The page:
Letter | Published:

Emerging Vibrio risk at high latitudes in response to ocean warming

Nature Climate Change volume 3, pages 7377 (2013) | Download Citation

  • A Corrigendum to this article was published on 27 July 2016

This article has been updated

Abstract

There is increasing concern regarding the role of climate change in driving bacterial waterborne infectious diseases. Here we illustrate associations between environmental changes observed in the Baltic area and the recent emergence of Vibrio infections and also forecast future scenarios of the risk of infections in correspondence with predicted warming trends. Using multidecadal long-term sea surface temperature data sets we found that the Baltic Sea is warming at an unprecedented rate. Sea surface temperature trends (1982–2010) indicate a warming pattern of 0.063–0.078 °C yr−1 (6.3–7.8 °C per century; refs 1, 2), with recent peak temperatures unequalled in the history of instrumented measurements for this region. These warming patterns have coincided with the unexpected emergence of Vibrio infections in northern Europe, many clustered around the Baltic Sea area. The number and distribution of cases correspond closely with the temporal and spatial peaks in sea surface temperatures. This is among the first empirical evidence that anthropogenic climate change is driving the emergence of Vibrio disease in temperate regions through its impact on resident bacterial communities, implying that this process is reshaping the distribution of infectious diseases across global scales.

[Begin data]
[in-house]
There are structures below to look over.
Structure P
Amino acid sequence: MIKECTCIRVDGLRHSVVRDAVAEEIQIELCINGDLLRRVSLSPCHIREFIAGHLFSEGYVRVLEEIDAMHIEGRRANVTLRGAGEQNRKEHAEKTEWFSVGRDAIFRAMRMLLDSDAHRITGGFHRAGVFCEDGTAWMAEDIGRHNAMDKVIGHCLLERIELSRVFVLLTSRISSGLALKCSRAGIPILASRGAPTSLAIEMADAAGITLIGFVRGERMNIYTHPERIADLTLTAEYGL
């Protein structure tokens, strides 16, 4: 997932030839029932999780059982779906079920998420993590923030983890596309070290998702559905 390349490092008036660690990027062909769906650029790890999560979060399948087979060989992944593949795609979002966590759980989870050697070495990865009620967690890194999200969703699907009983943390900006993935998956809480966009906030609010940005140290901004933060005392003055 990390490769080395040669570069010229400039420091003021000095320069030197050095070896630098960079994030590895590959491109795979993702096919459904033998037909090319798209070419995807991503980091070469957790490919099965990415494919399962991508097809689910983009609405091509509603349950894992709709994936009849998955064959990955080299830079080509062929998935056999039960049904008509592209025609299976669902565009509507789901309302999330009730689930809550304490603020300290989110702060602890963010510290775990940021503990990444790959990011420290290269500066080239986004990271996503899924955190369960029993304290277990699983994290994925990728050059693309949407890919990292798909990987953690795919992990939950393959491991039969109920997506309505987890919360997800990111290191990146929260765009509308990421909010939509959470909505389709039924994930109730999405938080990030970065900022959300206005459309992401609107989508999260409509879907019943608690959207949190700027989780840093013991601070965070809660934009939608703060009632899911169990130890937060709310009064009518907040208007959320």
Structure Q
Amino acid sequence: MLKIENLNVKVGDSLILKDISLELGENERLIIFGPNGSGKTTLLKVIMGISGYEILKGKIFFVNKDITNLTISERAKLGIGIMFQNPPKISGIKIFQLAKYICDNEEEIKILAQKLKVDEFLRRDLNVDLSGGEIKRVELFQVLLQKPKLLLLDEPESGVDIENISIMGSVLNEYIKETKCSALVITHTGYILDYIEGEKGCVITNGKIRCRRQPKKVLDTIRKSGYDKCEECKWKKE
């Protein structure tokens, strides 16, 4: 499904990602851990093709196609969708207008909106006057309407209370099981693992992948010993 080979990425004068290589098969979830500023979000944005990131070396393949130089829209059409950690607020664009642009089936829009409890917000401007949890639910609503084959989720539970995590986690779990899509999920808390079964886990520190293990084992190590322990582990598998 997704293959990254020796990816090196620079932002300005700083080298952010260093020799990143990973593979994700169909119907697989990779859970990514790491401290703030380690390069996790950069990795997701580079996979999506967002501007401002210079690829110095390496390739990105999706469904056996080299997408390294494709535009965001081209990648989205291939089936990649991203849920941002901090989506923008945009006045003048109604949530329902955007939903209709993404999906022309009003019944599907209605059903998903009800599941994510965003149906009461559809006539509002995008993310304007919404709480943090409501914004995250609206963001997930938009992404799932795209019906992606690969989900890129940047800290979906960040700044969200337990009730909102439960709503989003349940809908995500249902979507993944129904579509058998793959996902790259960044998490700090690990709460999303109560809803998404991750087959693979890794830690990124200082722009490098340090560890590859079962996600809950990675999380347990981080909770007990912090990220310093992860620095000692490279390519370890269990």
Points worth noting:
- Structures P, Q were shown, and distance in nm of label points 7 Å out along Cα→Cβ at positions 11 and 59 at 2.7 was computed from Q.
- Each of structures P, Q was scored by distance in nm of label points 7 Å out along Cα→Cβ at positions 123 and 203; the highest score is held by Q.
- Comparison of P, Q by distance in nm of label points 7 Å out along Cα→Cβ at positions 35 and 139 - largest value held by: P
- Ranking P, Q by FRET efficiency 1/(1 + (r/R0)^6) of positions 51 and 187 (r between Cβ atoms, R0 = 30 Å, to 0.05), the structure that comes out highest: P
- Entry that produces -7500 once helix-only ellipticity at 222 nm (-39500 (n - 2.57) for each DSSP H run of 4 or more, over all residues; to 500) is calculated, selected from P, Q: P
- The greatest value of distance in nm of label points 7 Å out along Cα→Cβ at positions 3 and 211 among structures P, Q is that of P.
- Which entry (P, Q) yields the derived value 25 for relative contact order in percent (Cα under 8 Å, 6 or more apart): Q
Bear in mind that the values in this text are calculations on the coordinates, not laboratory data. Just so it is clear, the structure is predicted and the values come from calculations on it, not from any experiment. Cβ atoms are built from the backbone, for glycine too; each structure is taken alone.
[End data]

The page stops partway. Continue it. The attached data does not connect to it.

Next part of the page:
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Change history

  • 27 June 2016

    In the version of this Letter originally published, an outdated version of Figure panel 3d was displayed in Fig. 3, and so the population density and risk data shown was incorrect. Figure panel 3d has been replaced in the online version of this Letter.

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Acknowledgements

C.B-A. was supported by the Cefas Seedcorn programme. J.A.T. was partially financially supported by NOAA/CoastWatch and by project 09MDS009CT from X. de Galicia. We thank members of the VibrioNet consortium and C. Schets for informal discussion on the epidemiological data sets and J. V. McArthur and R. Cary Tuckfield for comments on earlier versions of the manuscript.

Author information

Author notes

    • Craig Baker-Austin
    •  & Joaquin A. Trinanes

    These authors contributed equally to this work

Affiliations

  1. Centre for Environment Fisheries and Aquaculture Science, Barrack Road, Weymouth, Dorset DT4 8UB, UK

    • Craig Baker-Austin
    • , Nick G. H. Taylor
    •  & Rachel Hartnell
  2. Laboratory of Systems, Technological Research Institute, Universidad de Santiago de Compostela, Campus Universitario Sur, Santiago de Compostela, 15782, Spain

    • Joaquin A. Trinanes
  3. National Oceanic and Atmospheric Administration, National Environmental Satellite Data and Information Service, CoastWatch, 5200 Auth Road, Camp Springs, Maryland 20746, USA

    • Joaquin A. Trinanes
  4. Bacteriology Unit, National Institute for Health and Welfare (THL), Helsinki, FI-00271, Finland

    • Anja Siitonen
  5. Instituto de Acuicultura, Universidad de Santiago de Compostela, Campus Universitario Sur, Santiago de Compostela, 15782, Spain

    • Jaime Martinez-Urtaza

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Contributions

C.B-A., J.A.T. and J.M-U. conceived the project. J.A.T. and J.M-U. designed experiments and C.B-A., J.A.T., J.M-U. and N.G.H.T. analysed the data. R.H. and A.S. provided valuable interpretations. C.B.A, J.A.T., N.G.H.T. and J.M-U. wrote the paper.

Competing interests

The authors declare no competing financial interests.

Corresponding authors

Correspondence to Craig Baker-Austin or Jaime Martinez-Urtaza.

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DOI

https://doi.org/10.1038/nclimate1628

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